The Government of England: Constitutional Monarchy

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The government of England, as part of the United Kingdom, is a constitutional monarchy. This type of governmental structure allows the monarchy to share power with an organized government.

Three Different Parts The three different parts of a constitutional monarchy include the Crown, Parliament, and Government. This system of government covers nearly all o the United Kingdom, which is compromised of England, Wales, Scotland and Northern Ireland. The Crown is the head of the state and each area of the United Kingdom has their own Parliament as well as some type of Government in place. Wales, Scotland and Northern Ireland have their own version of government in place, known as a devolved government.

The Crown The Crown, which is another name for the monarchy, is the head of the United Kingdom and the oldest part of the constitutional monarchy. The branches of Parliament and Government have reduced the authority of the Crown to a mostly symbolic entity. The Crown does have a few important duties to perform, such as The Queen’s Speech to Parliament and Royal Assent

The Queen’s speech, written entirely by the government, is delivered to Parliament’s House of Lords. This speech tells Parliament of the government’s new ideas, new policy, and new legislation.

Royal Assent is the term for when a bill becomes a law, also known as an Act of Parliament. This occurs when a bill is approved by the House of Commons and then formally agreed upon in the House of Lords.

Parliament The two sections of Parliament are the House of Commons and the House of Lords. The House of Commons is the lower house and comprised of elected officials whereas the House of Lords is the upper house and comprised of appointed members, many are appointed for life.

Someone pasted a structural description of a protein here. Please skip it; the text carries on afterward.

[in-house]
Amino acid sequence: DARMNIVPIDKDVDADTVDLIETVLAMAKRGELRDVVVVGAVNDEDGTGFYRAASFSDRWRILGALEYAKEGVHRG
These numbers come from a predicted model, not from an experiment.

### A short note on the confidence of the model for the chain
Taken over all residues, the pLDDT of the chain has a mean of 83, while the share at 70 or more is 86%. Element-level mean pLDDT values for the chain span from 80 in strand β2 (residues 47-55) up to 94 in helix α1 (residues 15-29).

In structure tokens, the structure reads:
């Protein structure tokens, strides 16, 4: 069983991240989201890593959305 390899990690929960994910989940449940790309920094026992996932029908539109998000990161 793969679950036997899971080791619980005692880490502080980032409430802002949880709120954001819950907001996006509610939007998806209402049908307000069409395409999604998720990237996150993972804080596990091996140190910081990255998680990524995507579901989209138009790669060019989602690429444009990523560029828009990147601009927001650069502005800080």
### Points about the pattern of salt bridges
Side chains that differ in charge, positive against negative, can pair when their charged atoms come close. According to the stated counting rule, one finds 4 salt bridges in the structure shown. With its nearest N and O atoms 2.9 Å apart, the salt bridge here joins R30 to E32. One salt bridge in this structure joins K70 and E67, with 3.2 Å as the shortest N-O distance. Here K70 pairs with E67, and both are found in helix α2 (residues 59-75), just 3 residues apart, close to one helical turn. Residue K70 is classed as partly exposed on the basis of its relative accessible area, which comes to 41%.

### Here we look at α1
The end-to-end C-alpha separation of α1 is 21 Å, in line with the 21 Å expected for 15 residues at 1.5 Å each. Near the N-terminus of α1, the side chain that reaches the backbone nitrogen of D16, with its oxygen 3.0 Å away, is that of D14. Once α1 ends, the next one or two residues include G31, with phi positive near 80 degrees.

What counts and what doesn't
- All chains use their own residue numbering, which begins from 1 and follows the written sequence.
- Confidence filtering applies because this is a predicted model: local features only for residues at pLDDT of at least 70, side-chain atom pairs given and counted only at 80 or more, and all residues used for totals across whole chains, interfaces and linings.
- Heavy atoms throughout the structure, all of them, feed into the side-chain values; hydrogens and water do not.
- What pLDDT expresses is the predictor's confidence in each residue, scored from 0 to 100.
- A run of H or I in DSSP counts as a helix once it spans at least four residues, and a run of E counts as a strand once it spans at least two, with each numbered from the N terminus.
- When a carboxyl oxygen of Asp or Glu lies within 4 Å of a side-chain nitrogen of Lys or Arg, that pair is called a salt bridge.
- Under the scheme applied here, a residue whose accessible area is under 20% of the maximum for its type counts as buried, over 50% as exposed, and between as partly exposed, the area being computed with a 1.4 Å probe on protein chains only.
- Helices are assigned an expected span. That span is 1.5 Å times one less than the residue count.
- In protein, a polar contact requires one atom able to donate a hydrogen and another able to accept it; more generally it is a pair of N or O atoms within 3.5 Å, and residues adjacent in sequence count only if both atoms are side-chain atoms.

Parliament has a specific job to complete in representing the interest of the people. They monitor the Government to ensure that everything is running smooth, they debate important issues and pass laws. Parliament also has the responsibility for holding the Government accountable. For example, the Government cannot enact new laws or raises taxes without Parliament’s approval.

Government This branch of the United Kingdom’s constitutional monarchy also has an important role to play. Whenever Parliament passes a law it is enacted by the Government. Appointed ministers oversee different departments that manage all of the day-to-day business such as the police, armed forces, Civil Service and the National Health Service. Some of these departments do not cover the entire United Kingdom and other places have a devolved government.

A devolved government has limited authority but still manages several of the important services such as healthcare, education, and other domestic issues. Wales, Scotland and Northern Ireland all have their own version of Parliament and a government to oversee their areas.

How it Fits Together These three different parts of a constitutional monarchy all work together in the best interest of the people and the country. The Crown, Parliament, and the Government are all different entities in the United Kingdom and they all complete different duties. Parliament passes and debates policy, the Government oversees the daily operations of the policy and the Crown notifies Parliament of the Government’s idea on new policy.